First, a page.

|Publication number||US6969163 B2|
|Application number||US 10/634,317|
|Publication date||Nov 29, 2005|
|Filing date||Aug 5, 2003|
|Priority date||Aug 5, 2003|
|Also published as||DE602004006199D1, DE602004006199T2, EP1504910A1, EP1504910B1, US20050030355|
|Publication number||10634317, 634317, US 6969163 B2, US 6969163B2, US-B2-6969163, US6969163 B2, US6969163B2|
|Inventors||Anthony D. Studer, Kevin D. Almen, David J. Benson, Cary R. Bybee, David M. Hagen|
|Original Assignee||Hewlett-Packard Development Company, L.P.|
|Export Citation||BiBTeX, EndNote, RefMan|
|Patent Citations (17), Referenced by (9), Classifications (6), Legal Events (4)|
|External Links: USPTO, USPTO Assignment, Espacenet|
Imaging devices, such as printers, facsimile machines, etc., often employ a print head for printing on a printable medium, such as paper. Ink is usually supplied to the print head from an ink reservoir via a flow passage. In one application, the ink reservoir and print head form a single unit, e.g., a print cartridge, and ink flows from the ink reservoir to the print head via the flow passage during printing. In another example, the ink reservoir and print head are separate, and during printing, ink flows from the ink reservoir to the print head via a flexible duct interconnecting the ink reservoir and the print head. Many print heads, such as used in ink-jet devices, include resistors that vaporize the ink supplied to the print head. This causes the ink to be ejected through orifices of the print head so as to print dots of ink on the printable medium.
To prevent ink leakage from the reservoir, it is common to exert a force on the ink to retain the ink within the ink reservoir. For example, many ink reservoirs contain a capillary medium, such as foam (or an ink sponge), that is capable of absorbing and retaining ink. The capillarity of the capillary medium exerts a force (capillary force) that draws the ink into the capillary medium, preventing the ink from leaking out of the capillary medium and thus the reservoir. Many ink reservoirs initially contain enough ink to wet the capillary medium up to a percentage of the height of the capillary medium above the bottom of the capillary medium, e.g., 75 to 95 percent, with the remaining upper portion of the capillary medium containing air, for example. Moreover, ink reservoirs often include an air-filled space between the top of the capillary medium and a cover of the ink reservoir.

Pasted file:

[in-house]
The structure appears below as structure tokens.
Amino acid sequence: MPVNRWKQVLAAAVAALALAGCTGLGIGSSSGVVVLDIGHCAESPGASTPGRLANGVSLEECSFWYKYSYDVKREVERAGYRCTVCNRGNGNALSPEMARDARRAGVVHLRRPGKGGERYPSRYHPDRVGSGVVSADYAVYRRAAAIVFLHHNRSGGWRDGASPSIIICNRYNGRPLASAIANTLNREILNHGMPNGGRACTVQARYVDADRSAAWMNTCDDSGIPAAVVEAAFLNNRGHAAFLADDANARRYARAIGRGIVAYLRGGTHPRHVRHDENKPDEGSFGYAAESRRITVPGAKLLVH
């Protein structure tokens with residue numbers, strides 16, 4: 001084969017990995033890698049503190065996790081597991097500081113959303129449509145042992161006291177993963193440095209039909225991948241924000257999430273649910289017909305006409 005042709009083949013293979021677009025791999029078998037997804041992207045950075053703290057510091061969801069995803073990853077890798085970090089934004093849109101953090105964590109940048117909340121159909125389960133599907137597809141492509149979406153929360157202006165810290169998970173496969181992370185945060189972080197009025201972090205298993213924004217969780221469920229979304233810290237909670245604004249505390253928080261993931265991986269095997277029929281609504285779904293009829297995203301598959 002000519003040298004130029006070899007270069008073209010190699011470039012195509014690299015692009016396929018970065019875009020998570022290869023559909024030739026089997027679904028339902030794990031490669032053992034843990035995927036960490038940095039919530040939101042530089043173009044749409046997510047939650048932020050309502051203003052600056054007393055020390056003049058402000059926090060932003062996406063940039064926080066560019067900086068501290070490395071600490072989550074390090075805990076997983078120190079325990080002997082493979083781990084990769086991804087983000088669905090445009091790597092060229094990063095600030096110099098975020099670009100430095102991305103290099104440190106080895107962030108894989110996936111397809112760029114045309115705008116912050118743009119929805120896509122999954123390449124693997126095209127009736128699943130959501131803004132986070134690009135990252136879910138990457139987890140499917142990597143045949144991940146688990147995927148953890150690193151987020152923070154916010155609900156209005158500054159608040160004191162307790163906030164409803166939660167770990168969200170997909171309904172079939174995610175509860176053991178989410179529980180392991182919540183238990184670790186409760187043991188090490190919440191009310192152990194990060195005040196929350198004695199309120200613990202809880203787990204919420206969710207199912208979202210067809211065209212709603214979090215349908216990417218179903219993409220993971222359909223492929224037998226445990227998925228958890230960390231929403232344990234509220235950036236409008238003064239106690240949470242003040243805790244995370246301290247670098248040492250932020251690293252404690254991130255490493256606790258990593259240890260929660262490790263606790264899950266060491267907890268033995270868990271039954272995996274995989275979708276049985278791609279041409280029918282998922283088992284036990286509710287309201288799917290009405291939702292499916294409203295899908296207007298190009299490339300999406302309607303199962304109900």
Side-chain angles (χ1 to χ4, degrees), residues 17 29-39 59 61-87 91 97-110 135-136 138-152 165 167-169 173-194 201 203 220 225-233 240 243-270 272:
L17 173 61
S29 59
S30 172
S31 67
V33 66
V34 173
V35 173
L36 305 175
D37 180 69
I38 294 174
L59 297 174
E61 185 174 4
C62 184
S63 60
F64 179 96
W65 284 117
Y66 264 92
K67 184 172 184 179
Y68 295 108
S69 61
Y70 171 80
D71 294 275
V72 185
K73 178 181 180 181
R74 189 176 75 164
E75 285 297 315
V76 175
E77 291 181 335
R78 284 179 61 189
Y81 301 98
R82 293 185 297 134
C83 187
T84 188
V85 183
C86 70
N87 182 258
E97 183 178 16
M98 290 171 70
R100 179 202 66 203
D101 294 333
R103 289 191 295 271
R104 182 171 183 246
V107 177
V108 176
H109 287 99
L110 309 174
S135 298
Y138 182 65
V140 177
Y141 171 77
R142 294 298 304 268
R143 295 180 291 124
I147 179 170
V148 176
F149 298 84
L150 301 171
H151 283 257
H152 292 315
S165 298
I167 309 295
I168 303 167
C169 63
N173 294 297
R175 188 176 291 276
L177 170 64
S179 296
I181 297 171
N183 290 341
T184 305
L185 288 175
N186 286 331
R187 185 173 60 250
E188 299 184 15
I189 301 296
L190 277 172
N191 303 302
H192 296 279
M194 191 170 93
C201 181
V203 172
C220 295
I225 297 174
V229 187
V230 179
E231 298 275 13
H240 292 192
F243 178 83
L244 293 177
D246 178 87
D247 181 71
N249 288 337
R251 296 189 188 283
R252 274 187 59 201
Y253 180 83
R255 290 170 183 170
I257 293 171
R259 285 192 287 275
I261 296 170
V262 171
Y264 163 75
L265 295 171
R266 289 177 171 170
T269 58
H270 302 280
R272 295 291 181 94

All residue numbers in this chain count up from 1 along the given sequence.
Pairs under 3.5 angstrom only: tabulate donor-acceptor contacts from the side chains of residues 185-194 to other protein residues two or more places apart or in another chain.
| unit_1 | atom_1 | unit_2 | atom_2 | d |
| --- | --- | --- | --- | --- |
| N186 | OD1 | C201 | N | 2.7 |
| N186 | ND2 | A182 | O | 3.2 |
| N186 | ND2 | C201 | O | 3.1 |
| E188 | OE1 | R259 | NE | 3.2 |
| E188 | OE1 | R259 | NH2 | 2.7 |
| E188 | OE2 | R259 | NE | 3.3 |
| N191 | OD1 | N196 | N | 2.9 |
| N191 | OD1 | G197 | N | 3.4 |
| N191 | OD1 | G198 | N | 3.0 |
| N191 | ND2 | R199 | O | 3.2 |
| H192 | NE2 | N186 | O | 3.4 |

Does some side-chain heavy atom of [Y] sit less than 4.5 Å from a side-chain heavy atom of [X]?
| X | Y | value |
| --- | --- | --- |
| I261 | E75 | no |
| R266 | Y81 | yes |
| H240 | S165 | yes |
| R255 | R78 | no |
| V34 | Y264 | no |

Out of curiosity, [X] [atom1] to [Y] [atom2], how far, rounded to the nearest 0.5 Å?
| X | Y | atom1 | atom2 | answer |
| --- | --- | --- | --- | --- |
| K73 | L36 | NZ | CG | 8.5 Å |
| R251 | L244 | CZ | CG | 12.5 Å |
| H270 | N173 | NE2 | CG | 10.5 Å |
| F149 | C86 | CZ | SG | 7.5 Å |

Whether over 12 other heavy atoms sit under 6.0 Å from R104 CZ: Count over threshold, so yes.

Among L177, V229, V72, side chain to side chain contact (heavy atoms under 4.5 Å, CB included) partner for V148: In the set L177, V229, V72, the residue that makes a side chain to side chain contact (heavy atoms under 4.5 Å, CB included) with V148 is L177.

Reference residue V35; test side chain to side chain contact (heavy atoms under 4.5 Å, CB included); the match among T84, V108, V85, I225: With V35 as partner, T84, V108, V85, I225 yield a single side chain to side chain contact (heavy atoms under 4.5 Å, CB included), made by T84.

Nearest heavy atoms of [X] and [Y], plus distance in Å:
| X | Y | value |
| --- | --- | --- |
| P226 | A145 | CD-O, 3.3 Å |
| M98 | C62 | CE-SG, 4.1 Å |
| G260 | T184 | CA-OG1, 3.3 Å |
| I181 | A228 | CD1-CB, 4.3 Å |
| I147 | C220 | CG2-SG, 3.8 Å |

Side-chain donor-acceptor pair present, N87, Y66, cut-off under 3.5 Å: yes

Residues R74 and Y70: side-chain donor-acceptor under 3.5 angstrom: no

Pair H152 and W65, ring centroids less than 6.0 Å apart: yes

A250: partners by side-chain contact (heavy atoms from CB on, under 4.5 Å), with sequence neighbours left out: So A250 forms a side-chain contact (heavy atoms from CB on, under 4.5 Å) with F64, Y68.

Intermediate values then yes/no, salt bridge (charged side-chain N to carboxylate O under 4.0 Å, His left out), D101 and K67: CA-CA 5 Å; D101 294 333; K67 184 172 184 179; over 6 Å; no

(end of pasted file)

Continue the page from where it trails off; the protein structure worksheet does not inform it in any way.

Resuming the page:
Capillary medium-based ink reservoirs are typically vented to atmospheric pressure to prevent excessive vacuum pressures within the reservoir that can reduce or prevent ink flow to the print head, e.g., by a vent disposed in the cover of the ink reservoir. In this situation, air flows through the vent from an atmosphere surrounding an exterior of the ink reservoir to an interior of the ink reservoir. In addition, venting relieves pressure buildups that can occur when an ink reservoir is exposed to extreme environmental conditions, e.g., that can be encountered during shipping, such as high temperatures in motor vehicles or low pressures in airplanes at high altitudes. In this situation, air flows through the vent from the interior of ink reservoir to the atmosphere surrounding the exterior of the ink reservoir.
In some situations, air becomes trapped in the capillary medium, e.g., while adding ink to the ink reservoir, forming air pockets or voids within the capillary medium. This problem is amplified for applications involving hydrophilic capillary media because hydrophilic capillary media normally do not require a vacuum during filling. Moreover, when the ink reservoir is subjected to stresses, e.g. during shipping and/or handling, such as dropping the ink reservoir, the volume of entrapped air can increase or air from the space above the capillary medium can be displaced into the capillary medium. The air within the capillary medium causes problems when the ink reservoir is exposed to high temperatures and/or low pressures. In particular, the high temperatures and/or low pressures cause the air within the capillary medium to expand, forcing ink out of the vent instead of air.
One embodiment of the present invention provides an ink reservoir having at least one compartment and first and second vents that communicatively couple the compartment to an atmosphere surrounding an exterior of the ink reservoir.